The University has stayed hush on the circumstances surrounding the departure of the leader of the GW Police Department.
Darrell Darnell, the senior associate vice president for safety and security and the superintendent of police, has exited his position at least temporarily, University spokeswoman Maralee Csellar confirmed last week. But nearly a week after the news broke, officials have refused to answer more than a dozen questions seeking details about the leadership change and have yet to issue a formal University release informing the community.
Csellar confirmed Tuesday that Darnell has left his position but declined to say when. She said Assistant Chief of Police Mary Paradis is currently serving as the interim chief of the department, and a review of the Division of Safety and Security is being conducted.
Csellar declined to answer 14 follow-up questions about both Darnell’s departure and the review of the division. She declined to say when Paradis took over as interim chief of police and why she took the position. Csellar declined to elaborate on the circumstances of Darnell’s departure, including whether he had been let go, fired or suspended.
She declined to say whether the University expects Darnell to return to his post and if so, when. She declined to say whether any other staffing changes have been made in the Division of Safety and Security over the past month.
Csellar declined to say who is conducting the review of the division, when the review commenced, what it entails and why it was launched. She declined to say when officials expect the review to conclude, how the University plans to use the findings and whether GW plans to implement structural or staffing changes in the division.
Paradis is the fourth person to lead GWPD since January 2018. Former GWPD Chief RaShall Brackney suddenly resigned at the start of the year, and interim chief Bessie Burrus was replaced by Darnell in April. Csellar declined to say how the review will assess the University’s decision to hire Darnell instead of finding a new police chief.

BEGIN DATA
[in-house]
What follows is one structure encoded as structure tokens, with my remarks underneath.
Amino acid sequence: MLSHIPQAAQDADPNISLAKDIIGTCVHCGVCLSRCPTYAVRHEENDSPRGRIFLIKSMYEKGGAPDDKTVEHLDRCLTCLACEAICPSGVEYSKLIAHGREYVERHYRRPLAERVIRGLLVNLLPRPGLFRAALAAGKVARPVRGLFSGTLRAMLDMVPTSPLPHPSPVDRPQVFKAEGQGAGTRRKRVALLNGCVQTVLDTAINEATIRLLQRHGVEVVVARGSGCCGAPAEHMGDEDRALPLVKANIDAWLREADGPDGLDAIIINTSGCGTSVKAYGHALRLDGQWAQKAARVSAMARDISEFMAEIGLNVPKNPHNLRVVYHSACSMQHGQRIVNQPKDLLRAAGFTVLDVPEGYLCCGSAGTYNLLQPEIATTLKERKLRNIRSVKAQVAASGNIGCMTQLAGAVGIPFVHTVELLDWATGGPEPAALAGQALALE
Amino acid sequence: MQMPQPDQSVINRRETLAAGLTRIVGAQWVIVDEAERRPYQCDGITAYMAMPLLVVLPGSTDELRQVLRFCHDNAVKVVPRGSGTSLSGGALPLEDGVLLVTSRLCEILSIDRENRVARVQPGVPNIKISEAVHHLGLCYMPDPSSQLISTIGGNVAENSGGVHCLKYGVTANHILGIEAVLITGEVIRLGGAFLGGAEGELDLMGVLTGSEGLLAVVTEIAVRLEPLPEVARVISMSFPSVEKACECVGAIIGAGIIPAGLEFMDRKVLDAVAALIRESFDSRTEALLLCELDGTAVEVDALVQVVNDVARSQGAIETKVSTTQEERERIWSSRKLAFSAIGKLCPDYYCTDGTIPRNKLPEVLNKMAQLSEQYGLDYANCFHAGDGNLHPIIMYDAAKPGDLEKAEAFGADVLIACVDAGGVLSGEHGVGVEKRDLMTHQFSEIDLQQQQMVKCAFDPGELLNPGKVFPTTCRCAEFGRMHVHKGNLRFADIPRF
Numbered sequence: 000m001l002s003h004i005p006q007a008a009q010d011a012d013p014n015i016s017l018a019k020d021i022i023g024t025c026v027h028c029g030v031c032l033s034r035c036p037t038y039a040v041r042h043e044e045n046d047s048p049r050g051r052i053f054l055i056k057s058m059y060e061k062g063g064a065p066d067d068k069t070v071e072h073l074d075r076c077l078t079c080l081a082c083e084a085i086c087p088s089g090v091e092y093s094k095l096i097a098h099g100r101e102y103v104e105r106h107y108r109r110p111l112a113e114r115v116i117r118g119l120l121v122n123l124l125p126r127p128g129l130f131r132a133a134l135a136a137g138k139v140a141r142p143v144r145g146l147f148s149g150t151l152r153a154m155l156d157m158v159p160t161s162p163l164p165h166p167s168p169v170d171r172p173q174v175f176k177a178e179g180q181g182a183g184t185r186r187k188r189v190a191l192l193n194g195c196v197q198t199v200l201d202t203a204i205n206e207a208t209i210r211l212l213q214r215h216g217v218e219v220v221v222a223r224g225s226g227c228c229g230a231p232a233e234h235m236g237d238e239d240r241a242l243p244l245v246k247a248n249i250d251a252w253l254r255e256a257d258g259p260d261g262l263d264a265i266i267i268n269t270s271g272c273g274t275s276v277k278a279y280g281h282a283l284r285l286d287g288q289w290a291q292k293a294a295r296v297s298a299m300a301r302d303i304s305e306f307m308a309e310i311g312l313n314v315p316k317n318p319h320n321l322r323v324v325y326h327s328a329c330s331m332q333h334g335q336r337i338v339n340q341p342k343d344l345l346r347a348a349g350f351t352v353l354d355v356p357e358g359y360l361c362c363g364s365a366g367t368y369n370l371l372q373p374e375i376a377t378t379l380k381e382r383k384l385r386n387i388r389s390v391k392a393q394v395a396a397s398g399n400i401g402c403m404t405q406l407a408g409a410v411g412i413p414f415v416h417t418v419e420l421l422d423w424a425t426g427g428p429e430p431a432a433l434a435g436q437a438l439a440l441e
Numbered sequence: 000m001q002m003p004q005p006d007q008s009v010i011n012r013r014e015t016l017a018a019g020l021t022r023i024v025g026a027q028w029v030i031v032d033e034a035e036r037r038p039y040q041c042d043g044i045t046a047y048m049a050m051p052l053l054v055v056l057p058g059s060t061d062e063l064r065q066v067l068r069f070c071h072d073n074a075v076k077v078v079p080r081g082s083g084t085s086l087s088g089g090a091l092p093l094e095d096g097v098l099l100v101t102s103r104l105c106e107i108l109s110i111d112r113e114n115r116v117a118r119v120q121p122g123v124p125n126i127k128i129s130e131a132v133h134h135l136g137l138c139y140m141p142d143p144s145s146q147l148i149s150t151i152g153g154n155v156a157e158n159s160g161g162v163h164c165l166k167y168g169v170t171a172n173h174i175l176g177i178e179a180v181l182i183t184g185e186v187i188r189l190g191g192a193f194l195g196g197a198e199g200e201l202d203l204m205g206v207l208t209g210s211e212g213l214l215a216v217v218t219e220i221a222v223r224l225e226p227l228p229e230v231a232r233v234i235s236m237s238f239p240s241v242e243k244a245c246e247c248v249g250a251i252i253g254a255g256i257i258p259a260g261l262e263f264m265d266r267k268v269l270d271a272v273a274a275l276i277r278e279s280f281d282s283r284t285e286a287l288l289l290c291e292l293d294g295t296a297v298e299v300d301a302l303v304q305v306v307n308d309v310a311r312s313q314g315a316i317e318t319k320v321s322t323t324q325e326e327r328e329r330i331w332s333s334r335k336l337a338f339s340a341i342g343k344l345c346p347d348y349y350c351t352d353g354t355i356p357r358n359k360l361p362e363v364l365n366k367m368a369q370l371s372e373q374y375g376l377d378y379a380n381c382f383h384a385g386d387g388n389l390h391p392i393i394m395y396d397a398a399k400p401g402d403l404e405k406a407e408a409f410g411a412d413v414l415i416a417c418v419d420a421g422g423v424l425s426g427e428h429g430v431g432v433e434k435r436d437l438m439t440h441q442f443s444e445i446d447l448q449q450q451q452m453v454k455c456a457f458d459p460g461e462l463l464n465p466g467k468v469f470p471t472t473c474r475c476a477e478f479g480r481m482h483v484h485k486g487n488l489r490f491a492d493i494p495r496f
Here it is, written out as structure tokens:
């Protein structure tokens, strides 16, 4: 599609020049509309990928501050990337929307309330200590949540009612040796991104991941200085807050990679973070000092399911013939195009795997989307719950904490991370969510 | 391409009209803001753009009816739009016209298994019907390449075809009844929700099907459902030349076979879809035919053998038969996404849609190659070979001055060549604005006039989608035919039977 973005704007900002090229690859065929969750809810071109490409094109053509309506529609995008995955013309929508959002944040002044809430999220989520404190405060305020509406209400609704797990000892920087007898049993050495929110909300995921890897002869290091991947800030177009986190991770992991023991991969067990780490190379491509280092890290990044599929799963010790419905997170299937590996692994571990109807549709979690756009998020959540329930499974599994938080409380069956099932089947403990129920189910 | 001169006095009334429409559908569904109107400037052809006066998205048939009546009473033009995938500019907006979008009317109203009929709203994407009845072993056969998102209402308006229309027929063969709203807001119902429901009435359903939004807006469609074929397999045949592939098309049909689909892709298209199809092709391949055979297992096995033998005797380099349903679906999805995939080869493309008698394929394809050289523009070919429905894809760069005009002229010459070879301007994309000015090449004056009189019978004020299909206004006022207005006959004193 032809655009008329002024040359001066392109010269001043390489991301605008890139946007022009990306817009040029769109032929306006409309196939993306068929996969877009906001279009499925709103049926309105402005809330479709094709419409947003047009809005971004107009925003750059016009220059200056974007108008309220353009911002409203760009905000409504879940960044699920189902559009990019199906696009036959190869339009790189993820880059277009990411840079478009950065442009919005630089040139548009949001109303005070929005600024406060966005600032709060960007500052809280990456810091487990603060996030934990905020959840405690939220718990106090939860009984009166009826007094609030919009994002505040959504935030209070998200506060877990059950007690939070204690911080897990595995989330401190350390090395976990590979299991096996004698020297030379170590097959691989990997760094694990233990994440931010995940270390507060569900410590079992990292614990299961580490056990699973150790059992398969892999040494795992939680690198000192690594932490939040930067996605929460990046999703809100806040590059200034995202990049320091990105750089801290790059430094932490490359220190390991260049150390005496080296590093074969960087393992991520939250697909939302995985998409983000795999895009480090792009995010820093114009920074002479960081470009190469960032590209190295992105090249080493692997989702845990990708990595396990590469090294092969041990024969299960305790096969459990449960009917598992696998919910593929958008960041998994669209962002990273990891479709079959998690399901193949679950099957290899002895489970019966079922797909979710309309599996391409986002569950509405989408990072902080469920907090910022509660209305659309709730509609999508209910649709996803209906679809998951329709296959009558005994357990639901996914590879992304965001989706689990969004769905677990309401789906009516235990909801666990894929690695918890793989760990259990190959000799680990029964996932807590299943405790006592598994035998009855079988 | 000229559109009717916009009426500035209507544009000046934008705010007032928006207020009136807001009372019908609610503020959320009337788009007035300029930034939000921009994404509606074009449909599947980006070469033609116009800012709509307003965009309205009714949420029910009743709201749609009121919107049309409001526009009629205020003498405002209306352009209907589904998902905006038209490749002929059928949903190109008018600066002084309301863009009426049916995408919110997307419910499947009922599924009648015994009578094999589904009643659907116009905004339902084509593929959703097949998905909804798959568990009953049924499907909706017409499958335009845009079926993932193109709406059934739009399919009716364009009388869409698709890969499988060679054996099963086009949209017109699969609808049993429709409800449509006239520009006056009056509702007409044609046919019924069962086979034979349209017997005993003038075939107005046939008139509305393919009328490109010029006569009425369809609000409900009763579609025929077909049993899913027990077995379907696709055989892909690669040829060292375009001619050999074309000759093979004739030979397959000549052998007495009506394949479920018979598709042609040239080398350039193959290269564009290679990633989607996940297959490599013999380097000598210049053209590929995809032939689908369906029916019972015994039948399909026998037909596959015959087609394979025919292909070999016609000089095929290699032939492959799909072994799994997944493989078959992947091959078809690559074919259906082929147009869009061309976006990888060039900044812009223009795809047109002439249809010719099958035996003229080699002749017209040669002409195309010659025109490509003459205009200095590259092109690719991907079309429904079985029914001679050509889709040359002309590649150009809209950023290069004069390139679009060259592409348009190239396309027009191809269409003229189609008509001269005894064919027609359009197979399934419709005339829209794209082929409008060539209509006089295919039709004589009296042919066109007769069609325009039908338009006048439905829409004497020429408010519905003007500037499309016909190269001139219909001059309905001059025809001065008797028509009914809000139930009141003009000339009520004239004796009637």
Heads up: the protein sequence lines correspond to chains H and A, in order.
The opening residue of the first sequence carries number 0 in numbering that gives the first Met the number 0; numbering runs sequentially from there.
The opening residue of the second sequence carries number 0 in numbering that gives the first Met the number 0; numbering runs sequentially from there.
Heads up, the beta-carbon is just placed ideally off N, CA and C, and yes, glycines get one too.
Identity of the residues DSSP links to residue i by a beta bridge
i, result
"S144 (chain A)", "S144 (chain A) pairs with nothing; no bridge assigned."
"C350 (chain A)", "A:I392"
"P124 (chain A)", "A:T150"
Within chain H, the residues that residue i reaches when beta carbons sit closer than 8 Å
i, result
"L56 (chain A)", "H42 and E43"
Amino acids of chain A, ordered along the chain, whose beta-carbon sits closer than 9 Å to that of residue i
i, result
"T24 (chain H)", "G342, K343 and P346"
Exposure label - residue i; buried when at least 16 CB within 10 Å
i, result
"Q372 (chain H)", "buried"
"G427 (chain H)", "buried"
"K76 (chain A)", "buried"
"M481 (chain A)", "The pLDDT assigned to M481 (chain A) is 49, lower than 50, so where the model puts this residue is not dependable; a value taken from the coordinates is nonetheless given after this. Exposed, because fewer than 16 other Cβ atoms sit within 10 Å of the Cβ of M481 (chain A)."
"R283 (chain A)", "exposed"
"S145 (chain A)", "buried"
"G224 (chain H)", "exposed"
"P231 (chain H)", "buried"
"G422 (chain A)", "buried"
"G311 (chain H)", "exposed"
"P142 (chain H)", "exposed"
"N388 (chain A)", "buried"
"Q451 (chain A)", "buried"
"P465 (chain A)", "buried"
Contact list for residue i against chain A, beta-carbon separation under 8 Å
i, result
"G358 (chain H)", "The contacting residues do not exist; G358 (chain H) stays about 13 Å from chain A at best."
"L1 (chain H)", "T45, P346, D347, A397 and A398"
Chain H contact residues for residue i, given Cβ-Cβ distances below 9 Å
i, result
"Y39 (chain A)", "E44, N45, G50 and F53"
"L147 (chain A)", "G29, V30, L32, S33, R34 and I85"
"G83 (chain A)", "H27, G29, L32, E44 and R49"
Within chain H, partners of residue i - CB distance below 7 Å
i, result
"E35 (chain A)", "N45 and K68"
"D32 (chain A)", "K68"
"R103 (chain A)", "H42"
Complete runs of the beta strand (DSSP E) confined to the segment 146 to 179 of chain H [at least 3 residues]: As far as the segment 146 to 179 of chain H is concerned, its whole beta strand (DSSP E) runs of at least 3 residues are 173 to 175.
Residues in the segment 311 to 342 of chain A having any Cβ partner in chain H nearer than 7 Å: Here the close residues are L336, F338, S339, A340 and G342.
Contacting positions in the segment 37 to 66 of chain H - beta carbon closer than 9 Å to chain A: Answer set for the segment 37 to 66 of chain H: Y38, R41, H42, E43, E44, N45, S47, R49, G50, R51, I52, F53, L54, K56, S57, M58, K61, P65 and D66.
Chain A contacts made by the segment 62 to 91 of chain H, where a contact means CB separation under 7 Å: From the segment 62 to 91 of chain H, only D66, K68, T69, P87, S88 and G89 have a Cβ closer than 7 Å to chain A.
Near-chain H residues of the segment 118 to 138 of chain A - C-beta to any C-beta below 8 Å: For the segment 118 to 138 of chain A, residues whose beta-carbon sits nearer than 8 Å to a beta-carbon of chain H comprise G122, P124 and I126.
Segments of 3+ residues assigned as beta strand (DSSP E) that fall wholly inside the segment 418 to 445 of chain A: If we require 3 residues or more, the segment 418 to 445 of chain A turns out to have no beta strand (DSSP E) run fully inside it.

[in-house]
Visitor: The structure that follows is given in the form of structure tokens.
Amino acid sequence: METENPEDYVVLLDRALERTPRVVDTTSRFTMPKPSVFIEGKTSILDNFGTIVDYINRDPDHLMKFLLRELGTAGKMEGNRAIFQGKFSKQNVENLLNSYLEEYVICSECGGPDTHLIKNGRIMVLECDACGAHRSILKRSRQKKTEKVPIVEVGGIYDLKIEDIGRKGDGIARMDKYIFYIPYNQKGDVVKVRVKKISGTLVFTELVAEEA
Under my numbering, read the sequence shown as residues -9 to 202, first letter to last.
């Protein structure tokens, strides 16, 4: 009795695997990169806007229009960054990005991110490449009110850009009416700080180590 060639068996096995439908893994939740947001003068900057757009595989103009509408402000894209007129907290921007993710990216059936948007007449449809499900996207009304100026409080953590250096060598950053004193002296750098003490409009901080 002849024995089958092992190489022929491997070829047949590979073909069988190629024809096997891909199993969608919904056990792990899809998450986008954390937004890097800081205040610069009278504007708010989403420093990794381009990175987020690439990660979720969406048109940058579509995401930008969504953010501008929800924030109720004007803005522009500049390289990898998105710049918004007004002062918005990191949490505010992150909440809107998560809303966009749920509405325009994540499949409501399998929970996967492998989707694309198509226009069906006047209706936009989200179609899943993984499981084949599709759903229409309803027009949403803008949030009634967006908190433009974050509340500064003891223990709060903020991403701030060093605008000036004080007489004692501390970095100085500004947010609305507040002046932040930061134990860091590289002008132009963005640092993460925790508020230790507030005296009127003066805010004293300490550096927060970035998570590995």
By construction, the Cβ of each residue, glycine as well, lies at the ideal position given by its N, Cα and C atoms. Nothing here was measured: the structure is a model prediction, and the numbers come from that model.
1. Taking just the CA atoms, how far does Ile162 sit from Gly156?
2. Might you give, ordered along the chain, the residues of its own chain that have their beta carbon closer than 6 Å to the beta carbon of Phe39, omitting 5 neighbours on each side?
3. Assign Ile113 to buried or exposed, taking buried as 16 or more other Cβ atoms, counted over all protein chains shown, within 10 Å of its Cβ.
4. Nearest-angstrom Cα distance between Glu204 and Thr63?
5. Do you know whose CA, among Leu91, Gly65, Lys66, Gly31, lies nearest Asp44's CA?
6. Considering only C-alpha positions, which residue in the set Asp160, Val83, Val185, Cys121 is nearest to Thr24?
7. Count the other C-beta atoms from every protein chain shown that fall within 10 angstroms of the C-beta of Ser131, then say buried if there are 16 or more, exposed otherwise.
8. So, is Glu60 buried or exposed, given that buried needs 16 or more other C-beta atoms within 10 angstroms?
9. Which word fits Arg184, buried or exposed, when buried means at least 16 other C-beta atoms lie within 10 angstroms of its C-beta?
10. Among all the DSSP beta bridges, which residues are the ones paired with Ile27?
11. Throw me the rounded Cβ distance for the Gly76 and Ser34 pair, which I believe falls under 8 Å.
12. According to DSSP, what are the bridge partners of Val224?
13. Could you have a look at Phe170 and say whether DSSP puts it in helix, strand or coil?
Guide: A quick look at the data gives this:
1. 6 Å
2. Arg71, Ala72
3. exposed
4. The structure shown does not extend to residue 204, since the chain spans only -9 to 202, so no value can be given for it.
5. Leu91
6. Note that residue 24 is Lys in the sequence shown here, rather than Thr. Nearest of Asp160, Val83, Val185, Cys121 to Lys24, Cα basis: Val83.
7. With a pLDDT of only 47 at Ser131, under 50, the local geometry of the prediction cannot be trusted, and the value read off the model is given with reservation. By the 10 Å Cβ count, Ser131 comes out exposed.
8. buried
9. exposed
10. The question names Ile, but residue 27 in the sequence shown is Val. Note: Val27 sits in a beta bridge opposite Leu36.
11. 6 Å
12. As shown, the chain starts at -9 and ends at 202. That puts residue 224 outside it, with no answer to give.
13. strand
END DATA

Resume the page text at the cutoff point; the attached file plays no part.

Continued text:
A GWPD officer, who spoke on condition of anonymity for fear of retribution from the University, said the department was informed about three weeks ago that Darnell would be on administrative leave for two weeks. The officer said there has been little formal communication about the circumstances surrounding Darnell’s departure, but rumors have been circulating around the department.
“Everyone here does not believe he’ll come back,” the officer said.
The officer said Darnell was not popular among GWPD officers and employees because he didn’t let officers “perform all of our duties,” like arrest members of the GW community.
The officer said the International Association of Campus Law Enforcement Administrators is conducting the review of the Division of Safety and Security to determine whether GWPD should keep its accreditation. Accreditation is formal recognition that a department follows the “highest professional standards,” according to IACLEA’s website.
The officer said the review will include interviews and ride-alongs with officers.
Another GWPD officer, who also spoke on condition of anonymity for fear of retribution from the University, said GW has not offered the department an explanation for Darnell’s departure. But the officer said the department has generally reacted positively to the leadership change because Darnell allegedly could not effectively communicate with employees.
He said Darnell has been GWPD’s “worst chief” and brought morale to its “lowest” point.
“If you’re accused of anything in his eyesight, you’re guilty, and he would try to fire you,” the officer said. “I guess he’s trying to act like he’s doing his job, but he doesn’t care about the officers, he only cares about himself.”
The Hatchet reached out to Darnell via phone, email and two social media profiles. He did not return multiple requests for comment.
Brackney, the former head of GWPD, said leadership changes in police departments could be linked to a variety of circumstances, but all turnover can “rock the foundational core of a police department.”
“A lack of stability leads to uncertainty as the rank-and-file officers attempt to manage every changing internal expectation with the demands of policing,” she said in an email. “In addition, the communities served by departments undergoing continual changes in leadership are not able to build a sense of rapport and trust within the communities.”
Brackney declined to say why she departed from GW.
Cayla Harris contributed reporting.